Depression markers in young children's play: a comparison between depressed and nondepressed 3- to 6-year-olds in various play situations


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Abstract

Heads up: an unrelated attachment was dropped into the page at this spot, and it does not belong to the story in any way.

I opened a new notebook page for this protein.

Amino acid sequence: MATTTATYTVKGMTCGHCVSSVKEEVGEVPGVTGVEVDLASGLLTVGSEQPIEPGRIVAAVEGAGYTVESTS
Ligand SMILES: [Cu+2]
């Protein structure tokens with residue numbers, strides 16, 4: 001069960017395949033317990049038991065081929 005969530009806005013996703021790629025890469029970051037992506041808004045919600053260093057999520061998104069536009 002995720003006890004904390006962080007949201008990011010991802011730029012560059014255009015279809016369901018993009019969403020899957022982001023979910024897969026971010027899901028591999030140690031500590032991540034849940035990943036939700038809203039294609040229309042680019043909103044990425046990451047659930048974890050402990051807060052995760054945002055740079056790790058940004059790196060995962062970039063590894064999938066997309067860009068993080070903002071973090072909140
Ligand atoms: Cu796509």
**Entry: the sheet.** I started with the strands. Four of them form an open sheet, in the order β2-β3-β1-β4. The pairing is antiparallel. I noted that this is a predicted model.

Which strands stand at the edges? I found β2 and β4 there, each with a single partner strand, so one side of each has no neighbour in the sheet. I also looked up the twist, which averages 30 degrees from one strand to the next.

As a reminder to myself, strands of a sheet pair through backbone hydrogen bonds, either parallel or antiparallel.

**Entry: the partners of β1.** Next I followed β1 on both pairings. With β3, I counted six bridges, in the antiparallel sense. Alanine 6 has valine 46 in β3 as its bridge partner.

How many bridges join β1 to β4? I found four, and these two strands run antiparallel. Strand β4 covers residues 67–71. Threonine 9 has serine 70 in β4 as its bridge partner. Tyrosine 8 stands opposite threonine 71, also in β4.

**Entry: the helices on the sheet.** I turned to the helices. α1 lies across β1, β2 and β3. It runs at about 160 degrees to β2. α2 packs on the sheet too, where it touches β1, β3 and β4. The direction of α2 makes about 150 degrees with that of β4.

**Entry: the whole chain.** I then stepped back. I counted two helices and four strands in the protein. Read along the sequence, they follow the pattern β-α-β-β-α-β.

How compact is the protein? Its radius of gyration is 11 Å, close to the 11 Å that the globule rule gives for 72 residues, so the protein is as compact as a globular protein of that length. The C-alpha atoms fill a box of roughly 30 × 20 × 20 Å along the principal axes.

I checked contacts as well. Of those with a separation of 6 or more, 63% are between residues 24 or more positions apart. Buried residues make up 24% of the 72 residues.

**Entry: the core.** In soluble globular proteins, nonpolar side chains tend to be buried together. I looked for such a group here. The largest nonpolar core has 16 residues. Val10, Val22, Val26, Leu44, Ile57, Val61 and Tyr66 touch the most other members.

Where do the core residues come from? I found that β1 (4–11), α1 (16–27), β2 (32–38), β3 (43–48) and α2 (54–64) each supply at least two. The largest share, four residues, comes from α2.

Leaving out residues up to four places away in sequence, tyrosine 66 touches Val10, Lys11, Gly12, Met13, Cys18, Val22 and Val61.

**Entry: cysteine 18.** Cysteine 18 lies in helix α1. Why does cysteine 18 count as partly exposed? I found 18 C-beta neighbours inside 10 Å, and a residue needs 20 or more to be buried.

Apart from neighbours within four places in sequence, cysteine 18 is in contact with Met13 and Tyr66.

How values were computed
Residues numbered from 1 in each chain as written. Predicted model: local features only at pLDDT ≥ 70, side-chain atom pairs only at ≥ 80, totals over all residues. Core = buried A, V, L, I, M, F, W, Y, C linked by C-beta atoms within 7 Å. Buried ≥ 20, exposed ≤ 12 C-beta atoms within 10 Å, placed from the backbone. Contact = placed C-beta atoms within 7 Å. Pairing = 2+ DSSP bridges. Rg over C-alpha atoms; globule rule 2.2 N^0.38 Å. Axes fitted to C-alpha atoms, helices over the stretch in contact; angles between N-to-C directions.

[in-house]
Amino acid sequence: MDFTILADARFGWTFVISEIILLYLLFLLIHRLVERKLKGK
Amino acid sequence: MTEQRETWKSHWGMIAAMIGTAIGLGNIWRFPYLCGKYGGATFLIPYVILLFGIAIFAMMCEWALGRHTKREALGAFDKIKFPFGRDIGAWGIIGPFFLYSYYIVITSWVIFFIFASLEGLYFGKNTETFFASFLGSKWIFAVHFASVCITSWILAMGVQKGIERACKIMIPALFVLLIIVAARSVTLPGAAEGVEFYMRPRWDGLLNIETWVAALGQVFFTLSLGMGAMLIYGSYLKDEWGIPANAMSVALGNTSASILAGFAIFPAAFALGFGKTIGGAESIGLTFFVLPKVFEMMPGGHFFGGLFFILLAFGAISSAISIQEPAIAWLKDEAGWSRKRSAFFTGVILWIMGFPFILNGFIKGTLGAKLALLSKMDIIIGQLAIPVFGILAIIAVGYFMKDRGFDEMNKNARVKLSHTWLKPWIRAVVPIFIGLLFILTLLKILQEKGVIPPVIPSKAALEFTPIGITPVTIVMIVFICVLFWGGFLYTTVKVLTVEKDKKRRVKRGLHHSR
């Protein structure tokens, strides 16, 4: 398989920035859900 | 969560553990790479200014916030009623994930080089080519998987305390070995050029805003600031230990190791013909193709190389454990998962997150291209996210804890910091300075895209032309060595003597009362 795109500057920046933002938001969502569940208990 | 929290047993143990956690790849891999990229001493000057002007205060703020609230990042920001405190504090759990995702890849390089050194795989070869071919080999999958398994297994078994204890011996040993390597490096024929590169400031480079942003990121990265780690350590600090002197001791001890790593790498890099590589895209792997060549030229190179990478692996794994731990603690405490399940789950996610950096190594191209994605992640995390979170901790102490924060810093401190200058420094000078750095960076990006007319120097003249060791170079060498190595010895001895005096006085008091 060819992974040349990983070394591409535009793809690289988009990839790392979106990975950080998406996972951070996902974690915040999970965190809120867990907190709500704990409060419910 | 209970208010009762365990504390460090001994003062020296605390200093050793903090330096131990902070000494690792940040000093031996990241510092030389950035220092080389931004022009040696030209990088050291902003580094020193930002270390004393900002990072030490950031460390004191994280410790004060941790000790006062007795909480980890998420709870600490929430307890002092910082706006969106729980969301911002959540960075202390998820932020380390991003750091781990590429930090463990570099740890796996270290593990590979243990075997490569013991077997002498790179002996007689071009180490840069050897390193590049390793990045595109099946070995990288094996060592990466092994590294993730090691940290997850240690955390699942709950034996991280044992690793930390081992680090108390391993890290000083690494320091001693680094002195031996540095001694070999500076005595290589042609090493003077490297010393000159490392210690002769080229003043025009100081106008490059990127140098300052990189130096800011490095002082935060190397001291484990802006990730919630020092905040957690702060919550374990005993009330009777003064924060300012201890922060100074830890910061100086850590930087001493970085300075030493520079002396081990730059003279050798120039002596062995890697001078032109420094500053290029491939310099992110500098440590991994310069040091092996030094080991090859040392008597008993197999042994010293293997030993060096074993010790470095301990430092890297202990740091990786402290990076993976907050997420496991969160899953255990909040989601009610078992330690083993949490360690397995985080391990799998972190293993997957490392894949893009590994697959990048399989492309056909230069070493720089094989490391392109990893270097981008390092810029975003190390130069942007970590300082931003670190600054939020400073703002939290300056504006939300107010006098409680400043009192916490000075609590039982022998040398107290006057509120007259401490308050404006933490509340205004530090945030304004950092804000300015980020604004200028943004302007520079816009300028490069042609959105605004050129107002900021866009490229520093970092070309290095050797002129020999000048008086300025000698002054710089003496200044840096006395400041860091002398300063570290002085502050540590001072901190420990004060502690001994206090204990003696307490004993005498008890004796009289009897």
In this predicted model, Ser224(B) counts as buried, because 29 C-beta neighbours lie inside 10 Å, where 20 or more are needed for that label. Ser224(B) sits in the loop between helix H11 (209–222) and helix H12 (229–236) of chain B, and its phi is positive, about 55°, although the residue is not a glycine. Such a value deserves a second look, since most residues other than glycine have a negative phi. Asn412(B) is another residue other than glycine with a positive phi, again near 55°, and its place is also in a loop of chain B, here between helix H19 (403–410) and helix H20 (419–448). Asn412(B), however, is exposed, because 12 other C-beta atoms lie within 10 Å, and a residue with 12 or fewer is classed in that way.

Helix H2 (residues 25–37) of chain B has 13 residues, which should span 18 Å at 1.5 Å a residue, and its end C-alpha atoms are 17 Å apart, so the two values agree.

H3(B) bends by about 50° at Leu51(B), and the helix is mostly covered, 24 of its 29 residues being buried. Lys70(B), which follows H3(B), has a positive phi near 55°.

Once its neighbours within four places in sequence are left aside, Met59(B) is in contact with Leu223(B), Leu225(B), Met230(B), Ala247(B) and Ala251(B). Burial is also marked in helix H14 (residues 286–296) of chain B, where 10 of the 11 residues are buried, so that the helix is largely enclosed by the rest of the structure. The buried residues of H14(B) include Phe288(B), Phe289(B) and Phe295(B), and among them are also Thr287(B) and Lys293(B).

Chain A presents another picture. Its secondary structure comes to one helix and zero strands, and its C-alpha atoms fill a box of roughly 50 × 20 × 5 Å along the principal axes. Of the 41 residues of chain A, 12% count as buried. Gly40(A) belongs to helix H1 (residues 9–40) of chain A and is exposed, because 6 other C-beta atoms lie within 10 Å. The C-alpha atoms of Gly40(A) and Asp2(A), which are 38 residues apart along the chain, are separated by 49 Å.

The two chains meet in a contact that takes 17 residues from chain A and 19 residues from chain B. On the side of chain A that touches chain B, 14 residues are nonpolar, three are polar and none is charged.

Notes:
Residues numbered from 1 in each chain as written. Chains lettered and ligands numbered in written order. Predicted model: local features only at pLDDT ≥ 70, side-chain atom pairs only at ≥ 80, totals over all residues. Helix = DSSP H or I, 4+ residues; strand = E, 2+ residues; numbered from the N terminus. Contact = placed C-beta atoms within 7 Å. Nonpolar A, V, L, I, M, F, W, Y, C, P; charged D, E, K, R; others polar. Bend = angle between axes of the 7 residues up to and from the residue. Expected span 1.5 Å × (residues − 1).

Background and methodThe behaviour of 30 depressed 3- to 6-year-olds was observed in three play situations (solitary free play, interactive free play, and play narratives) and compared to the behaviour of 30 nondepressed clinical and 30 nondepressed nonclinical peers.ResultsDepressed children showed significantly less play, particularly less symbolic play, than nondepressed children. Instead, they exhibited more nonplay behaviours, such as exploration and undirected behaviours, than the control children. Moreover, the behaviour of the depressed children was less coherent than that of the nondepressed children, as evident from a greater number of shifts from one type of behaviour to another.ConclusionsDifferences between depressed and nondepressed children were most prominent during the play narratives and were particularly striking when a sad mood was presented.

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